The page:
In the heartlands of Singapore – and away from the glamour and glossy pictures we see on promotional brochures, advertisements and postcards – lies a question. A question which will be asked at the end of this essay.
I took a late night stroll around my neighbourhood 2 days ago. I’ve never done this before – not at 3 am, anyway, when everyone would be asleep, all shops closed, traffic has died down and the air is somehow cooler (and fresher).
So, a little blurry-eyed, I left the confines of my 3 room flat and started my own little ‘observation walkabout’, if you like, of my neighbourhood somewhere in the east of Singapore.
All was quiet except for a group of young men playing ping-pong at the void deck. (What were they doing so early in the morning?). I left them alone although the thought of speaking with them did cross my mind. Everything else around was dark, silent and the air rather cool, chilling even.
And then I saw this:
He must be in his late 60s, early 70s. Very sound asleep. He must’ve worked hard today (I’ve seen him picking up discarded stuff like cardboards and newspapers around the area a few times.) Normally, he would be without his shirt. But tonight, as he lies there, I could see that he was trying to keep warm, with his clasped hands, and a chequered shirt which he uses for blanket.
I know some might find that me taking a picture of him sleeping is not very nice. I did think about it for a while before I snapped the above picture – without using the flash. My only hope and aim in doing so is that it will somehow make us more aware of those around us – those we do not see, or see but never realise. I certainly do not mean any disrespect to this man. Indeed, I admire his resilience – to physical weather, to life’s hard knocks, and the struggle to fend for himself.
A few thoughts went through my head as I left him to slumber peacefully. Does he have a wife? What happened to her? What about children? Did they abandon him, like those stories we hear and read about? How does he feel being left alone like that?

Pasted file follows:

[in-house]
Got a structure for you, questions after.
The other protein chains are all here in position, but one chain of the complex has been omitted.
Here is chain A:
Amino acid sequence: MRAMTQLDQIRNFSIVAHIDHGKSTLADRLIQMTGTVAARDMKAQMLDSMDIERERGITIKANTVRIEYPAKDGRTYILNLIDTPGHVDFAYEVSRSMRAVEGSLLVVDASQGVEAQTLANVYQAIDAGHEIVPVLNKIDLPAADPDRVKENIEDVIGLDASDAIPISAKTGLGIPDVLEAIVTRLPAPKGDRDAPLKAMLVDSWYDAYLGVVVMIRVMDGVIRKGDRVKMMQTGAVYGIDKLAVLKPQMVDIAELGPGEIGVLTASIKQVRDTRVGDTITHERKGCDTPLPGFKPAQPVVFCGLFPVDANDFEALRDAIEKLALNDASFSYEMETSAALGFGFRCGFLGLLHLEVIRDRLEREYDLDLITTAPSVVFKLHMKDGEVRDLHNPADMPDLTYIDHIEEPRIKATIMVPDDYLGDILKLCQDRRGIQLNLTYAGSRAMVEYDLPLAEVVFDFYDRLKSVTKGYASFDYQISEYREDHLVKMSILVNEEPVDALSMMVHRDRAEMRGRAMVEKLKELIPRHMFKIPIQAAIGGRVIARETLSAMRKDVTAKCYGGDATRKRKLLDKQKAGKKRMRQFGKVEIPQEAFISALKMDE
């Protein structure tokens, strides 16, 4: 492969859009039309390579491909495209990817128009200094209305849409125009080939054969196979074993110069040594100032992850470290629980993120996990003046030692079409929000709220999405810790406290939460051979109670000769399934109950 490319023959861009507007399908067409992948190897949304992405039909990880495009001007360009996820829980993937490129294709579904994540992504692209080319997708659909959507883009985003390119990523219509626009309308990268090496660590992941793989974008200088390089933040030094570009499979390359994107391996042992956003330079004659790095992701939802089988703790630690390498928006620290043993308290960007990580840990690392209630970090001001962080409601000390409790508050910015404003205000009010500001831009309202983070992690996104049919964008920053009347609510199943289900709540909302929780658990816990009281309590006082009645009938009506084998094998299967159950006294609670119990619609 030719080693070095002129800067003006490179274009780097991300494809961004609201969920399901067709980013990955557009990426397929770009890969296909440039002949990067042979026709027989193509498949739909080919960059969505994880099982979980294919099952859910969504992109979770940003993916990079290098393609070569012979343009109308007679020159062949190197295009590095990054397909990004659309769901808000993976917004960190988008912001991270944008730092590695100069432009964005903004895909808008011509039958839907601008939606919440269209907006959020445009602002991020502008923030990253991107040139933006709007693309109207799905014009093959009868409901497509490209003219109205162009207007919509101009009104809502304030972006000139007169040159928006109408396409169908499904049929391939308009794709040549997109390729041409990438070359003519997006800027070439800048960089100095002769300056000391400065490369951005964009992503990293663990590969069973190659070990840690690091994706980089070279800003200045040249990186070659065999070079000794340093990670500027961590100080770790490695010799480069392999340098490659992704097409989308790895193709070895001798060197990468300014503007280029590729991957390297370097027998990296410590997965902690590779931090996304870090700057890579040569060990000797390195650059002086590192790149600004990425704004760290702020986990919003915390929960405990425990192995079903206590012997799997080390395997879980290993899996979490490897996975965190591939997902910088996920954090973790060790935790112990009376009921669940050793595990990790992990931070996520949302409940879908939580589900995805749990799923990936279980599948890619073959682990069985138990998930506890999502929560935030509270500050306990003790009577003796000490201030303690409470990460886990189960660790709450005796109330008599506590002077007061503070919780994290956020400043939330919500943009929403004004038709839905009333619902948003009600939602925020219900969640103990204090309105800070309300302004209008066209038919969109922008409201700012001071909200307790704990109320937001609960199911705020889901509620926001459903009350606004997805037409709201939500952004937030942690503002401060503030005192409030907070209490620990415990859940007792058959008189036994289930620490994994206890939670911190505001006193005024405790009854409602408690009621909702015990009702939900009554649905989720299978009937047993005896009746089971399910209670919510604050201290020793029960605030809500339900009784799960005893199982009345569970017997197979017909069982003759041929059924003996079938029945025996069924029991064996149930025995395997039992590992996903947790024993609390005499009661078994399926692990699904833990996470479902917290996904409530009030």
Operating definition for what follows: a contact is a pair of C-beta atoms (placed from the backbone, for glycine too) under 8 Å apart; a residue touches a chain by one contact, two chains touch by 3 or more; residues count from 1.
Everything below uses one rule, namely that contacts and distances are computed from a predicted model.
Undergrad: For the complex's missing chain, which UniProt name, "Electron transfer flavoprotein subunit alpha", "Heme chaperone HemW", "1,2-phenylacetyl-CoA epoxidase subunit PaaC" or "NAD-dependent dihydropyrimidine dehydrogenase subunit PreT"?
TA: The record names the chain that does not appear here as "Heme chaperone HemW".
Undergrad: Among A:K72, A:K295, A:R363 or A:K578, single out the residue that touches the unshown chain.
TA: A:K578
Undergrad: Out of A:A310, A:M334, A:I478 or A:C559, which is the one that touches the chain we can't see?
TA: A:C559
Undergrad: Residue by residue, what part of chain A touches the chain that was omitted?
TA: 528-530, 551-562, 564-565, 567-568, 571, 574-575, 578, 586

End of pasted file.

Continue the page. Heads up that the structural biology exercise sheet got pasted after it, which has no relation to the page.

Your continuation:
Where does he (and the likes of him) fit in, in our globalised, cosmopolitan, metropolitan, “biopolis-tan”, Asian-tiger, confucianist society?
How much dignity must a man lose before he is considered ‘deserving’ of help?
Perhaps the answers to these questions can be found (in some ways) in what I discovered next – still within my neighbourhood – in the behaviour of some Singaporeans. By no means am I saying that the following account is representative of Singaporeans in general (although some would say it is).
A few blocks away, this is what I saw:
I would have dismissed this as just an isolated incident if not for what I saw again…and again…
As i said previously, I do not think this is representative of singaporeans in general – or singapore at large. I would rather think that this is only the behaviour of some singaporeans – although ‘some’ may mean quite a lot.
Perhaps some might say what is shown above is not that bad. But the next time you walk around Singapore (especially after dark and before the cleaners come out and do their job), you might change your mind.
The pictures I’ve shown above are not the only ones I’ve seen in person. (They’re just a few photos which I snapped.) At other blocks, there were cigarette butts, lots of them, left on the floor by people who had gathered to play chinese chess earlier. At another block, there were discarded newspapers, empty packet drinks, even a small mattress strewn on the floor. More boxes with their contents thrown out at yet another block.
What upsets me is that the entire area had just had its surroundings upgraded by the town council recently.
And this brings me to the question which I mentioned at the beginning of this essay.
Are we on the right track to being a ‘caring society’ – a caring society for our homeless singaporeans and a caring society for our environment? These two questions, really, are at the heart of what being singaporean is all about, is it not? At least it should be.
For despite all the glamour and all the talk of being first-world, it is in the hearts of men (and women) that real grace is found. And what is in the hearts of men and women, I would argue, is found in the heartlands.
At the moment, at least from where I am, it is not a very pretty sight.
Nor very grace-ful.